A new study shows that an enzyme called FIH (factor inhibiting HIF) determines how muscles consume oxygen. Without the enzyme, the need for oxygen increases during physical exercise. The finding is of potential significance to elite athletes, who have been found to have higher levels of FIH in their muscles than others. The study is published in the scientific journal Cell Metabolism.
When you exercise, your muscles consume oxygen to produce energy, until the level of oxygen drops below a particular threshold. Subsequently, energy is generated by the process of anaerobic metabolism, which does not require oxygen. However, this leads to the production of lactic acid and eventually exhaustion and cramping. These metabolic shifts are highly regulated by the HIF transcription factor. In a new study, researchers demonstrate that the enzyme FIH is a key to how this switch-over happens via controlling HIF.
"We've discovered that the muscles regulate oxygen consumption in a very precise way using the oxygen-sensitive enzyme FIH," says principle investigator. "The enzyme makes sure that the muscles can use a more effective oxygen-based metabolism for as long as possible and then promotes a very quick transition to anaerobic metabolism."
Using mice in which the production of the enzyme was blocked, the researchers found that mice lacking FIH in their muscles require more oxygen than normal when exercising. FIH loss increases oxidative metabolism, while also increasing glycolytic capacity, and that this gives rise to an increase in oxygen consumption. Authors further show that the loss of FIH acts to accelerate the cellular metabolic response to hypoxia.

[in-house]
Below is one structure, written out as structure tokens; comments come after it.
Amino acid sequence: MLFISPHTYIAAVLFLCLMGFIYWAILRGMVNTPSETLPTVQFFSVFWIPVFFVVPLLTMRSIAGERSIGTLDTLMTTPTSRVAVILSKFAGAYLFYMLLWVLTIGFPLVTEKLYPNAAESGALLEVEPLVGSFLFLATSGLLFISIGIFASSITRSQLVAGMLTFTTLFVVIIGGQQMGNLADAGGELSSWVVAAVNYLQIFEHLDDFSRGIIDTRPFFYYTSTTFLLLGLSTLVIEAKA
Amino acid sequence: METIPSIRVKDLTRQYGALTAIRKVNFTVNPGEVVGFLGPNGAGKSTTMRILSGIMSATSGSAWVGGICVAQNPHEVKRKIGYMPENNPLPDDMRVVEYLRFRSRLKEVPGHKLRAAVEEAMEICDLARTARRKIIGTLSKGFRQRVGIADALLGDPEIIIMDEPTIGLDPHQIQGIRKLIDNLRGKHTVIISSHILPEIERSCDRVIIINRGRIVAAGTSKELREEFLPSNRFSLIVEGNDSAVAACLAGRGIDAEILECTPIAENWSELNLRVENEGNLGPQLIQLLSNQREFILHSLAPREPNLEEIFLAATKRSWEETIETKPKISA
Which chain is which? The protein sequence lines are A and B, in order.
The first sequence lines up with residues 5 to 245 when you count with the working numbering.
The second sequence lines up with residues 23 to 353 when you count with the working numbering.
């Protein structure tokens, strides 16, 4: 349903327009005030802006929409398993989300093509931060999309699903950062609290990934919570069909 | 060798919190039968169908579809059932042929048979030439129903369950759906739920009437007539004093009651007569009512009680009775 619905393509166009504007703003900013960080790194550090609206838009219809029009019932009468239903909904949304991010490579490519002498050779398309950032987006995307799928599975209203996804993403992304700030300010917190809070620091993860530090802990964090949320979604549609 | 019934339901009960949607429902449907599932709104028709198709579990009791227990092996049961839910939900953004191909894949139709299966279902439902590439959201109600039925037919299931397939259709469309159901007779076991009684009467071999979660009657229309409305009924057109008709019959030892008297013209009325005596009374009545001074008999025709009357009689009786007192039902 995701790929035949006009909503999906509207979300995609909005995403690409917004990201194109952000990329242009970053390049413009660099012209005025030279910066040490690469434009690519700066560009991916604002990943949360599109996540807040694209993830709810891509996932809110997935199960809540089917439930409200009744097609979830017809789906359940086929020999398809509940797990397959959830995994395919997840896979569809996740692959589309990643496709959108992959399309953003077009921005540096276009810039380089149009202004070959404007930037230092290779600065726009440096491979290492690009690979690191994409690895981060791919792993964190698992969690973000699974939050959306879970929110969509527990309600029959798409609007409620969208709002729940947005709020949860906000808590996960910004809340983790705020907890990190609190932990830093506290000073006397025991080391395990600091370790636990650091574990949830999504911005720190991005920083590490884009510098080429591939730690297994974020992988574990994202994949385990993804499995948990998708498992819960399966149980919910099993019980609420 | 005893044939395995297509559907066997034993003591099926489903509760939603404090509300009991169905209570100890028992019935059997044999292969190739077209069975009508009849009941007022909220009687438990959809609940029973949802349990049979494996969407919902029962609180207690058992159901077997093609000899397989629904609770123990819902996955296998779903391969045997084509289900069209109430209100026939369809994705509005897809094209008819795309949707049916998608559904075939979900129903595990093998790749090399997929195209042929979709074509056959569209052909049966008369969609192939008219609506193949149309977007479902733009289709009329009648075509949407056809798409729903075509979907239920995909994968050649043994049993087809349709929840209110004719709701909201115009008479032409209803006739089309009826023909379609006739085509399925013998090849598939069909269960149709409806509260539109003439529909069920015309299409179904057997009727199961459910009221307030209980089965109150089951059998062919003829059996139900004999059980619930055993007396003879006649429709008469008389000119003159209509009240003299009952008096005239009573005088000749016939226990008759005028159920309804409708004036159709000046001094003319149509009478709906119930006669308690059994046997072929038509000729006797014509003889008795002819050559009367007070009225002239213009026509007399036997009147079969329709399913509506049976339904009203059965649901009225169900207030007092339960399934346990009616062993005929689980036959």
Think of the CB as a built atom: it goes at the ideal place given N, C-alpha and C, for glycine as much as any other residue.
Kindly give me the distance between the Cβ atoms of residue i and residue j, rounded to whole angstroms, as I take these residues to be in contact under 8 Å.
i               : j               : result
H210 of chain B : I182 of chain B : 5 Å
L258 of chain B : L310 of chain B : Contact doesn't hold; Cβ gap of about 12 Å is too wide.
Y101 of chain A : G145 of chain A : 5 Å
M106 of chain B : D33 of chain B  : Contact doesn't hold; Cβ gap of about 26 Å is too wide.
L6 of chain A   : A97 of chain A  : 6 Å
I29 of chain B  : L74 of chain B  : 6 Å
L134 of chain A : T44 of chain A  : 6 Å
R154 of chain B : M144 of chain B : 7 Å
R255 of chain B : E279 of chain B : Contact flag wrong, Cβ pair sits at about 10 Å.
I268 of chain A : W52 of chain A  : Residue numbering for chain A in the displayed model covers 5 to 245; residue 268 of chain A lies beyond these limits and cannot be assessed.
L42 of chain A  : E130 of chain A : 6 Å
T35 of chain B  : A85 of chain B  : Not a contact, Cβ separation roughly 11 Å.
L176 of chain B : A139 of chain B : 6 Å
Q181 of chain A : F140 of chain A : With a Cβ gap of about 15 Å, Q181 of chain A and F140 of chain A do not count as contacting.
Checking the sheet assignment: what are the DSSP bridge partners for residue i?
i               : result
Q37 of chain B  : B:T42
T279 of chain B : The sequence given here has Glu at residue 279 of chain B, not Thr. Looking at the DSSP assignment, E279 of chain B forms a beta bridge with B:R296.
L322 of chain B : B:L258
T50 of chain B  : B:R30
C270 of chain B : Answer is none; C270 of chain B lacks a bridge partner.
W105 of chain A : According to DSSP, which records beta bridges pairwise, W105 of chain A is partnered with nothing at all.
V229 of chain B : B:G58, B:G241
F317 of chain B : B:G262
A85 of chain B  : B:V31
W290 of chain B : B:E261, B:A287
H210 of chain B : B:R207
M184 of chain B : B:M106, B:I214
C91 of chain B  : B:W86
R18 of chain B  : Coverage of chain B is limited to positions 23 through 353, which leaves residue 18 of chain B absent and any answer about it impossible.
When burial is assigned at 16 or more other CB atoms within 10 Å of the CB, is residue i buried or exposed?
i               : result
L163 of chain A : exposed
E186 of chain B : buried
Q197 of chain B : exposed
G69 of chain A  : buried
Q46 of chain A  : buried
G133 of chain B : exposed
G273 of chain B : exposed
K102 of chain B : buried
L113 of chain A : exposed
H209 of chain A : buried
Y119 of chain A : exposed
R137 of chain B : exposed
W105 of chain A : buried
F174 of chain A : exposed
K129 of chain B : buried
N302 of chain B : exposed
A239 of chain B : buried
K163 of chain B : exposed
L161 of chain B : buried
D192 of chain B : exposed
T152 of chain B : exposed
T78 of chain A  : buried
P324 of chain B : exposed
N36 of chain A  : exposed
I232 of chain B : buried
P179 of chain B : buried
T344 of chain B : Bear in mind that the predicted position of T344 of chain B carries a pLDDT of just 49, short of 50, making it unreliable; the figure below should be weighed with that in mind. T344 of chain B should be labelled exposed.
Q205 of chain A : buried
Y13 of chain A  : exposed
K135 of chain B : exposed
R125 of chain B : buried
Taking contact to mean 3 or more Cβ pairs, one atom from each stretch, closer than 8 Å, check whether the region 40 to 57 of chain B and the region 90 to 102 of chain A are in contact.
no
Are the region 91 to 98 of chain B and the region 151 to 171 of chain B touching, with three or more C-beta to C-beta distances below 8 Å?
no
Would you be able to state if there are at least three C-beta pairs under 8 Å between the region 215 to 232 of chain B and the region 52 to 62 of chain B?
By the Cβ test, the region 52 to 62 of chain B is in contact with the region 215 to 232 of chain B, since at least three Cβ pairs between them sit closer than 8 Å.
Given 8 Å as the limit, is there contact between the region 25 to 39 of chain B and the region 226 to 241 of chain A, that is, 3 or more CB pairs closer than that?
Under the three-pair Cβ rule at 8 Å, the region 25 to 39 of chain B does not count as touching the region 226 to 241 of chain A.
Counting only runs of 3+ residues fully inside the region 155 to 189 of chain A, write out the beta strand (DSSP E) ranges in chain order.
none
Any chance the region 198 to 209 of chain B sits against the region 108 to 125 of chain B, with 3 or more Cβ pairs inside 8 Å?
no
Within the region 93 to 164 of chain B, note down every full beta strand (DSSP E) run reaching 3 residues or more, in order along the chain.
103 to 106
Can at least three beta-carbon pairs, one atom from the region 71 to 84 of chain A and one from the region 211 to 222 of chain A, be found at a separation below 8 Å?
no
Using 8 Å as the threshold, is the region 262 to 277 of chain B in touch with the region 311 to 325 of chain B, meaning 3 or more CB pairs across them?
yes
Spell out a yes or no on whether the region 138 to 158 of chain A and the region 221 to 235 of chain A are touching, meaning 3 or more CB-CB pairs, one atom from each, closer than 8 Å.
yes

"We were able to show that without FIH, the muscles use much more oxygen than is otherwise the case," says the senior author. "This could be of great significance to elite athletes, who, according to an earlier study of ours, have uncommonly high levels of muscular FIH."
FIH was discovered over ten years ago, but until now no one has understood its exact function. FIH is found in all the body's cells and tissues, but is 50 to 100 times more abundant in the muscles than in any other part of the body. The findings can now open the way for new forms of metabolism-affecting drugs.
"No one's entertained the idea of developing a drug that affects FIH before, but I think our study will lead to greater examination of that possibility," says the corresponding author. "Here you're able to affect the metabolism itself, perhaps mainly in the muscles, but possibly in other parts of the body too. This can be important in other contexts, such as diabetes and obesity."
How muscles regulate their oxygen consumption
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